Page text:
Although 2018 is touted as the year when the benefits of a recovering LNG market will be felt, 2017 will not be short on good news.
Momentum is building for a return to a healthy, balanced industry and will gain strength in the coming year. Volumes of LNG shipped by sea are expected to grow by 11 per cent in 2017, pushing global trade above 300 million tonnes per annum (mta) for the first time.
This follows an 8 per cent expansion in trade in 2016, an advance that reduced the number of idle LNG carriers from 40 to 20 during the year.
Of the five worldscale liquefaction trains due to commence commercial operations in 2017, four are in Australia – Gorgon Trains 2 and 3, Ichthys T1 and Wheatstone T1. Australia is expected to load 51.5 million tonnes (mt) in the fiscal year to end-June 2017, consolidating its position as the world’s second-largest LNG exporter behind Qatar.
The fifth is Sabine Pass T3 in Louisiana. Cheniere’s Sabine Pass export project has a two-year jump on its US rivals. It is only in 2018 that Cove Point and Cameron LNG will commence commercial operations. Freeport LNG and Corpus Christi LNG will follow in 2019.
By 2021 Japanese buyers will be receiving 14 mta of US LNG under long-term contracts, or 22 per cent of the 64.7 mta that the 14 new US liquefaction trains can produce.
Japan is the world’s largest LNG importer, accounting for 30 per cent of global trade. It will liberalise its gas market in April and is seeking more flexible LNG procurement, including enhanced LNG tradability, loosened destination restrictions and purchase prices not directly oil index linked.
The more open-ended arrangements agreed with US suppliers will help Japan. November’s decision by members of the Organization of Petroleum Exporting Countries (OPEC) to reduce oil production volumes and strengthen prices will boost the competitive attractiveness of natural gas and LNG and increase pressure to break the traditional link between LNG and oil prices.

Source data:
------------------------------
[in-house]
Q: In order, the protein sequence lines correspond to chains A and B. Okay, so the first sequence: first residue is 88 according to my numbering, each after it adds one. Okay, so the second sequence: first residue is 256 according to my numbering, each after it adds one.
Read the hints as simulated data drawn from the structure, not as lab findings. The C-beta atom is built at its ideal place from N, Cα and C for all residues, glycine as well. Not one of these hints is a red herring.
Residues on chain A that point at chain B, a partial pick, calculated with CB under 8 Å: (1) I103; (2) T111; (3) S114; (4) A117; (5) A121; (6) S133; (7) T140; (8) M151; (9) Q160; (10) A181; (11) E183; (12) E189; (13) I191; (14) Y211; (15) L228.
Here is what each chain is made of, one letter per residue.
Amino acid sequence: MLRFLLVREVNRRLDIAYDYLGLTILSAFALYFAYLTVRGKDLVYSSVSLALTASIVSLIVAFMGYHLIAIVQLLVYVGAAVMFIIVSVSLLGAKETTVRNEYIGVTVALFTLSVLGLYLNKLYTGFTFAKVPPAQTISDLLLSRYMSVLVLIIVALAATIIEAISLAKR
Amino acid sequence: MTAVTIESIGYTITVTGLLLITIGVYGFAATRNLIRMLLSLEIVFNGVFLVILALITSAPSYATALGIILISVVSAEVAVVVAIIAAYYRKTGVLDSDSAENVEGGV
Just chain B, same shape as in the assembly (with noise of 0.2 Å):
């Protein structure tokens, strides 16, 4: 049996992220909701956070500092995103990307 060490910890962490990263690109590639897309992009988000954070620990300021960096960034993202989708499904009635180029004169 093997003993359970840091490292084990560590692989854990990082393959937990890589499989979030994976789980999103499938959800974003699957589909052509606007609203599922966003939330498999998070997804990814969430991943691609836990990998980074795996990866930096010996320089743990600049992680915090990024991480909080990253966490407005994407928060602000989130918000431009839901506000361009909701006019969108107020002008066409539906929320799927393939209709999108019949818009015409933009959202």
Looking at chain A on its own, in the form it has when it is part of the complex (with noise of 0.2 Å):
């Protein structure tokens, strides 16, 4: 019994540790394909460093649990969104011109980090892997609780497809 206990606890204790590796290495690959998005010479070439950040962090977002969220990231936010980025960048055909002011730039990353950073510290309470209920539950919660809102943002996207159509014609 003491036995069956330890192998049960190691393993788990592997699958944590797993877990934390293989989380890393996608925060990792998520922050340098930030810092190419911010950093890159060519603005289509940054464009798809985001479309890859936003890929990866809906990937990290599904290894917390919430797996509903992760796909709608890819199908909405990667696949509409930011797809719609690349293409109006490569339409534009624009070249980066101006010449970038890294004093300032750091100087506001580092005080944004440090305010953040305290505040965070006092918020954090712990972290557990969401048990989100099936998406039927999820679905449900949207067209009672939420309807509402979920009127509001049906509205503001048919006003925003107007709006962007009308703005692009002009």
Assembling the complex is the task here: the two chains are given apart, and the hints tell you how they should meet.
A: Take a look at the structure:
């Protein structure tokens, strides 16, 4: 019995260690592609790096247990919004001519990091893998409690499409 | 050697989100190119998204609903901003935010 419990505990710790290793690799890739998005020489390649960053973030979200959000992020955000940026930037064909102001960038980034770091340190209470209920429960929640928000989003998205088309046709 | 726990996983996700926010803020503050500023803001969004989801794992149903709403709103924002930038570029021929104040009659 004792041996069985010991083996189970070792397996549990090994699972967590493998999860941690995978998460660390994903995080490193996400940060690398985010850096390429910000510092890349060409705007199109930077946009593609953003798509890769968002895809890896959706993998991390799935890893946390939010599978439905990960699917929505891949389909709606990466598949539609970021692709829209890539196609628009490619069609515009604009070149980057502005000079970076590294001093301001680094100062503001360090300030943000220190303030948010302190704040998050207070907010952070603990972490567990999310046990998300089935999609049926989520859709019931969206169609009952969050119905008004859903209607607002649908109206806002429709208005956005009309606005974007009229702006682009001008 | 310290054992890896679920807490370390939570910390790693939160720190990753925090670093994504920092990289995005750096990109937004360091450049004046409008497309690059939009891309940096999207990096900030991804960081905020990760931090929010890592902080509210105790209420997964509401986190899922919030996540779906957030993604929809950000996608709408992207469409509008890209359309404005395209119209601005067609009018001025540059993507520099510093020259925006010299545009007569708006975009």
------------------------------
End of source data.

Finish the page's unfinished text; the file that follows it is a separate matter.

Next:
Although it didn’t lead the race to develop the world’s first floating LNG production (FLNG) vessel, Petronas is first across the finish line. Its 1.2 mta vessel PFLNG Satu has begun to produce LNG from the Kanowit gas field off Malaysia’s Borneo coast.
It is due to load the first cargo and start commercial operations in the first quarter of 2017. Unless the 0.5 mta FLNG Caribbean barge finds employment over the coming year, the next FLNG vessel to enter into service will be Golar’s FLNG Hilli, a converted LNG carrier, in Cameroon in late 2017/early 2018. Shell’s 3.7 mta Prelude will follow later in 2018, off the coast of Western Australia.
Meanwhile, gas buyer use of floating storage and regasification units (FSRUs) goes from strength to strength. Since 2007 FSRUs have opened more than 75 per cent of markets new to LNG.
As Golar LNG points out, a combination of falling energy prices, increasing gas availability and severe power shortages in many regions is prompting increased interest in FSRUs and the competitive cost and project timescale advantages they offer. Inquiries are increasing for FSRU newbuildings and for smaller conversion units.
At year-end, the 170,000m³ Hoegh Grace and the 145,000m³ FSRU Neptune (ex-GDF Suez Neptune) were positioned at Cartagena in Colombia and off Aliaga in Turkey, to enable the two countries to introduce FSRU-based imports. The recently completed Hoegh Grace is Colombia’s inaugural LNG receiving facility.
These are two of seven FSRU-based LNG import projects scheduled to come on stream over the next 12 months.